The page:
Click to Visit Fisitalia
Click to Visit Orla
Click to Visit Paolo Soprani

accordion ...born 1822

Many people have requested basic information on the history of the accordion, so, while many of you are quite familiar with the background of the accordion, we thought we would provide this brief outline tracking the beginnings of the accordion.

While the accordion itself came onto the scene in the early 1800's, we can track the history of its components back much further. Thousands of years ago in fact, to China.

The SHENG is one of the oldest Chinese musical instruments. The instrument existed as far back as 3,000 years ago.

The Sheng consists of 13-17 bamboo pipes with different lengths that are mounted together onto a base. The base is traditionally a gourd-shaped, wooden wind-chest with each bamboo pipe having a free reed. Sound is produced by blowing and sucking the air through a metal tube connected to the base. From the base the air then rushes through the other pipes.

A player determines the notes to play by allowing the air to rush through selected pipes while pressing on selected keys near the base. By covering two or more holes on various pipes, chords are possible, being a typical technique used in most regional orchestras of China. The SHENG is used as both a solo and accompaniment instrument.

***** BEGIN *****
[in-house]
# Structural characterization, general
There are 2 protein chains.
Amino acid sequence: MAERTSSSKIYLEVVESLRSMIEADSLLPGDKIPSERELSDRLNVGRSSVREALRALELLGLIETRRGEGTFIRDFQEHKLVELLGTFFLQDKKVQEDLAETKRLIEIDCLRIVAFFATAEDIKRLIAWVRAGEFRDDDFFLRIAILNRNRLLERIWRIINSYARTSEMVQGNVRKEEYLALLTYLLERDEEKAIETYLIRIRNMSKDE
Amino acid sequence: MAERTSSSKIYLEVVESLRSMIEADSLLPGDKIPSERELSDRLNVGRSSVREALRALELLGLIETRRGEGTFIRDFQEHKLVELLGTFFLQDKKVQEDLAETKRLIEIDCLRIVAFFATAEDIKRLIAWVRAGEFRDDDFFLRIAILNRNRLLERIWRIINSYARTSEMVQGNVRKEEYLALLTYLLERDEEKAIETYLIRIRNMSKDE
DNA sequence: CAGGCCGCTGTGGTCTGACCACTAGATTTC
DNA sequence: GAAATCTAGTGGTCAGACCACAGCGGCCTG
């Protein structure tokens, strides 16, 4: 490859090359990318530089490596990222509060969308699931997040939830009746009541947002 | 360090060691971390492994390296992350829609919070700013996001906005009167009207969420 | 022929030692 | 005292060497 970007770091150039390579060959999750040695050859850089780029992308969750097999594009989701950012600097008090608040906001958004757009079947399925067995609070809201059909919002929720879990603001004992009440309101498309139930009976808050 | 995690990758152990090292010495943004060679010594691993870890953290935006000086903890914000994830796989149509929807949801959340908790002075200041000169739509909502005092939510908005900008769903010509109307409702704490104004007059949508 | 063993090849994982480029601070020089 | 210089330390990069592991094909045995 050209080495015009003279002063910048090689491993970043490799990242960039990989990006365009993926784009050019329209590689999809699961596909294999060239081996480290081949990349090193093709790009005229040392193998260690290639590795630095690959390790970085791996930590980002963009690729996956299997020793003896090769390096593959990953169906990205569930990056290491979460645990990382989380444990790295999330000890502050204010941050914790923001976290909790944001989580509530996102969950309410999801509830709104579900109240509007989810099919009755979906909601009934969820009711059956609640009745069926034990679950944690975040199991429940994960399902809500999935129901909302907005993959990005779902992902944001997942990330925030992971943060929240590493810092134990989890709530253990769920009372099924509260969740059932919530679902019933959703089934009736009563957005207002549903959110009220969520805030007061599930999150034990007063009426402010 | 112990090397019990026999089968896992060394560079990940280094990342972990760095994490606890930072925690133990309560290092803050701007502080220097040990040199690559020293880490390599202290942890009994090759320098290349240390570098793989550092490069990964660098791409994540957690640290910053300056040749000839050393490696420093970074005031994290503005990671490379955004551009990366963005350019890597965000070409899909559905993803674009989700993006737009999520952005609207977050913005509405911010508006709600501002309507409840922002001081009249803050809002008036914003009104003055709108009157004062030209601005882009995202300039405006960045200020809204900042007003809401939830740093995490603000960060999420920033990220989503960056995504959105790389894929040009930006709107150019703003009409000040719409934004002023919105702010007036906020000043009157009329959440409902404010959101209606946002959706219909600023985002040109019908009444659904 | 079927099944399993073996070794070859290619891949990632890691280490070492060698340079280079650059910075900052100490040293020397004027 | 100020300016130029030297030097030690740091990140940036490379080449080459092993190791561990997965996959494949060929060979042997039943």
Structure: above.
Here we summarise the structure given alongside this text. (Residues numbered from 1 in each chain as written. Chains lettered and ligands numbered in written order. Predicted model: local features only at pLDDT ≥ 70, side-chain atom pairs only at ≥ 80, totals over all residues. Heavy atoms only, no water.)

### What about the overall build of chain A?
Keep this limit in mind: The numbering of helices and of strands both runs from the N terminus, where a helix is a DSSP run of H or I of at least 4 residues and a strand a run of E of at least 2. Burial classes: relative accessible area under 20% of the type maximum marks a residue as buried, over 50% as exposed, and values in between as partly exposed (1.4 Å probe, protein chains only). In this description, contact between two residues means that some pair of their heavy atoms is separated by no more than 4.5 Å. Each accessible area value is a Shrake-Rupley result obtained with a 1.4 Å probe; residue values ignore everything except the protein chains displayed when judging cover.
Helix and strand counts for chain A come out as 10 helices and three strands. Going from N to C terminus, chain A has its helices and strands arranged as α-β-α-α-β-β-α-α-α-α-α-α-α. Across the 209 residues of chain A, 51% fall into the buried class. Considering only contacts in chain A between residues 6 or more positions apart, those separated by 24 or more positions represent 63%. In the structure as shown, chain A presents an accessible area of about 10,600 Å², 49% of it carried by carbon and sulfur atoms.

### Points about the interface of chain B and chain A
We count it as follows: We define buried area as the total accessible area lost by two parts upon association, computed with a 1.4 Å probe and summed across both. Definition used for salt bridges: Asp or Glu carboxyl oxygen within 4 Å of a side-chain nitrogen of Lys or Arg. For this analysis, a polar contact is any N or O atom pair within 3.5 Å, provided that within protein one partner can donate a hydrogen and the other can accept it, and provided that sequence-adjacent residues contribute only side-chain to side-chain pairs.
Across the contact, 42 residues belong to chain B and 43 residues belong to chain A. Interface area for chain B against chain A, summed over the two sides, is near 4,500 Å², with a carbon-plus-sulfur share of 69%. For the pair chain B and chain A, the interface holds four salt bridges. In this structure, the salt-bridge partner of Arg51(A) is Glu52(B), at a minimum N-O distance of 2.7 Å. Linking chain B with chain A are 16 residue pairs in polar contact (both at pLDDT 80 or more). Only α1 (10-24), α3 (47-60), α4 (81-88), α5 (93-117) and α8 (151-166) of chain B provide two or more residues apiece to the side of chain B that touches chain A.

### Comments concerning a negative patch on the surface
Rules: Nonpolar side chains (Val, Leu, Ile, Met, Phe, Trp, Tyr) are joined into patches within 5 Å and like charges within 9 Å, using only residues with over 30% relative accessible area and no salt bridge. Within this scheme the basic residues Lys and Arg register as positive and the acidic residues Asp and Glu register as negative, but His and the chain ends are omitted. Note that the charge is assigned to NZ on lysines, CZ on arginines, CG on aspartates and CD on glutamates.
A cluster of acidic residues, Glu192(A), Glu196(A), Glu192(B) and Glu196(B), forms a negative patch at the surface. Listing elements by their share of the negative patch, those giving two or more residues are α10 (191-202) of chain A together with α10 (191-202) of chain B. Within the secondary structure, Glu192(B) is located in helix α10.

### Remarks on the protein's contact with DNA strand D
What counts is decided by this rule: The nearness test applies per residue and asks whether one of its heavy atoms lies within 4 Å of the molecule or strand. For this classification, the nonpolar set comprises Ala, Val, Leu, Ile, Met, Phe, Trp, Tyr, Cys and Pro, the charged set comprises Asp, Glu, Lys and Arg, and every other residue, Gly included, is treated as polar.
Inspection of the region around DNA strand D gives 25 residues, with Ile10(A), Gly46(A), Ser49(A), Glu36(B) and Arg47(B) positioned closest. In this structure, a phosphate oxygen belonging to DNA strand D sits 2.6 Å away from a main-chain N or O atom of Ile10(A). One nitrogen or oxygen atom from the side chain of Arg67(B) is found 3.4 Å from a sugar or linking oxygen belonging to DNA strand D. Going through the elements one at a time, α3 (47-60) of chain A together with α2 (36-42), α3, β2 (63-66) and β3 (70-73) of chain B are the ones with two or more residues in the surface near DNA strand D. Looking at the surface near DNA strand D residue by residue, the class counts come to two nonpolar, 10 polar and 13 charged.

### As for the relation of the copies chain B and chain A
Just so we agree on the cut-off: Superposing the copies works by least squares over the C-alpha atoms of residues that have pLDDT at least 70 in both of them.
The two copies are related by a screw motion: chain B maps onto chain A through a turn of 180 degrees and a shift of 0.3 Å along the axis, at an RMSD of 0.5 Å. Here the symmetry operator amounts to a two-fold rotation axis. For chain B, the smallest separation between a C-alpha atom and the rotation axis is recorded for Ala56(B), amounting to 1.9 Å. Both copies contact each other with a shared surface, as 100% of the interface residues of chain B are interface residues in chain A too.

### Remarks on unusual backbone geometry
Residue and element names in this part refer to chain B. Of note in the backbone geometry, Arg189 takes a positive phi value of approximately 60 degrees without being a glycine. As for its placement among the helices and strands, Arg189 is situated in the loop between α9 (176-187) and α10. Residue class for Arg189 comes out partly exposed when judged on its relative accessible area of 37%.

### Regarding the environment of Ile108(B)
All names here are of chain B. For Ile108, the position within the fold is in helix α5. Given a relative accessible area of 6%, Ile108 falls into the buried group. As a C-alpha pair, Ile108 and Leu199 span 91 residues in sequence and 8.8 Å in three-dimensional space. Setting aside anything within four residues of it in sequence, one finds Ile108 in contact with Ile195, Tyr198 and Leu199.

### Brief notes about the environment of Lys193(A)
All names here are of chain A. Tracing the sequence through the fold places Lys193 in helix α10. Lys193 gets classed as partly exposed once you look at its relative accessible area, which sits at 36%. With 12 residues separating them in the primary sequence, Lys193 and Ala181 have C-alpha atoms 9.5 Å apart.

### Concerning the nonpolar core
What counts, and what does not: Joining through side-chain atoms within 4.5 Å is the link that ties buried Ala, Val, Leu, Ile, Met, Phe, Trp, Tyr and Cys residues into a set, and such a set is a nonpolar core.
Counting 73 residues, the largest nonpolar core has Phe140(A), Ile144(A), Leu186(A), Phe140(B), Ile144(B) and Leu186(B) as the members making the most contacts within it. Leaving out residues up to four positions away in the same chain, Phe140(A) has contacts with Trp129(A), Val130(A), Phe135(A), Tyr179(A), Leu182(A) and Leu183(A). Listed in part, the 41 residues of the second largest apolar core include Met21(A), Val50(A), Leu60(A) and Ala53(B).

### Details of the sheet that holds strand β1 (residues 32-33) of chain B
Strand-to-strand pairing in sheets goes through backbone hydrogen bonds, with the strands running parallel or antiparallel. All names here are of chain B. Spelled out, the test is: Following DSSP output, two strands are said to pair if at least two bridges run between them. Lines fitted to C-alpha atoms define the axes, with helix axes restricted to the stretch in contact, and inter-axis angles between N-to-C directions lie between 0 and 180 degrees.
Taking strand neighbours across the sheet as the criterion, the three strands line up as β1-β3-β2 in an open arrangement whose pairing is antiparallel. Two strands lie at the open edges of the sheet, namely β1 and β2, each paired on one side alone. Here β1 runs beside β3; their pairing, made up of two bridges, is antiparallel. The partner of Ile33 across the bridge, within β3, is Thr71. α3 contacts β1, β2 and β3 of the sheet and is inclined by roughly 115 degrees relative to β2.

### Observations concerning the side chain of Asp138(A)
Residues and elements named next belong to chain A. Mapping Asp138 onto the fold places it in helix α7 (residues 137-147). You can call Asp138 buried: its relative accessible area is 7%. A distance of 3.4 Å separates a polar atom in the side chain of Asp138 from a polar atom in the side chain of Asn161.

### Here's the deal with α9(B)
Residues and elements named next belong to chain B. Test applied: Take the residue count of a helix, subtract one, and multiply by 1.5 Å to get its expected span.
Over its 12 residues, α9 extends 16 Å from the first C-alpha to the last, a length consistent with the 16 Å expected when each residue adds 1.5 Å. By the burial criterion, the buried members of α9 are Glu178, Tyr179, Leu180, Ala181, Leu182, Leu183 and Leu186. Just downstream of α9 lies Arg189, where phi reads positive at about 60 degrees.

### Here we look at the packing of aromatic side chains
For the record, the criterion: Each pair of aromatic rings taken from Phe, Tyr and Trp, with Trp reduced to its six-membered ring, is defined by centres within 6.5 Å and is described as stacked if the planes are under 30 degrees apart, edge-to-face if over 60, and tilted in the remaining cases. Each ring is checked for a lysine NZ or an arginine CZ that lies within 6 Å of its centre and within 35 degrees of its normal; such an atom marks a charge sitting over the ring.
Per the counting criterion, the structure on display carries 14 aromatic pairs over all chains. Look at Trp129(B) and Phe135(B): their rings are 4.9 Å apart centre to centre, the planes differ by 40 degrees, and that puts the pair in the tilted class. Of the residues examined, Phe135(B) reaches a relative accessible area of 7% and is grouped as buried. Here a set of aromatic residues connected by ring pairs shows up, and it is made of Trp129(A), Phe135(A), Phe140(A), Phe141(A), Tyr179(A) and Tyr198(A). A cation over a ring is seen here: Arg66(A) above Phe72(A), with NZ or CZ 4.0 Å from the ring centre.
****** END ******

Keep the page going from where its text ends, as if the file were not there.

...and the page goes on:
By virtue of its construction, this is the only Chinese musical instrument in the Chinese orchestra capable of playing up to six notes simultaneously. It is therefore commonly called as the "Chinese mouth organ" by westerners.

The Sheng is also the first musical instrument in the world utilizing a "coupled acoustical system," between an air column and a free reed.

While the Chinese were blowing their sheng, the Greeks and the Egyptians were pumping their bellows.

Archaeologists have unearthed sculptured representations of musicians playing bellow-operated instruments. One thing led to another, and by medieval times there were two well-known instruments called the Portative and the Regal. Both had bellows and a keyboard, and were in these respects, related to the accordion. Neither had the typical accordion sound however, which is created by the vibration of a free reed. It was from the Sheng that the free reed principle was derived.

The Sheng could have been brought to Europe by missionaries returning from the Orient or even by the Crusaders returning from the Holy Wars.

Whichever route it took, destiny would bring the Sheng to Berlin in 1822. It was here that the bellows and keyboard of the Greeks joined the reeds of the Chinese Sheng at the hands of one Christian Friedrich Ludwig Buschmann when he built a melodic instrument with button-type keys and a push-pull bellows which he called the Hondaoline.

By 1829, some seven years later, Cyrillus Demian from Austria was producing and selling an improved version, a diatonic push-pull instrument with two to four bass and chord buttons on the left side and up to 15 melody buttons on the right.

Demian patented his instrument with the name ...accordion.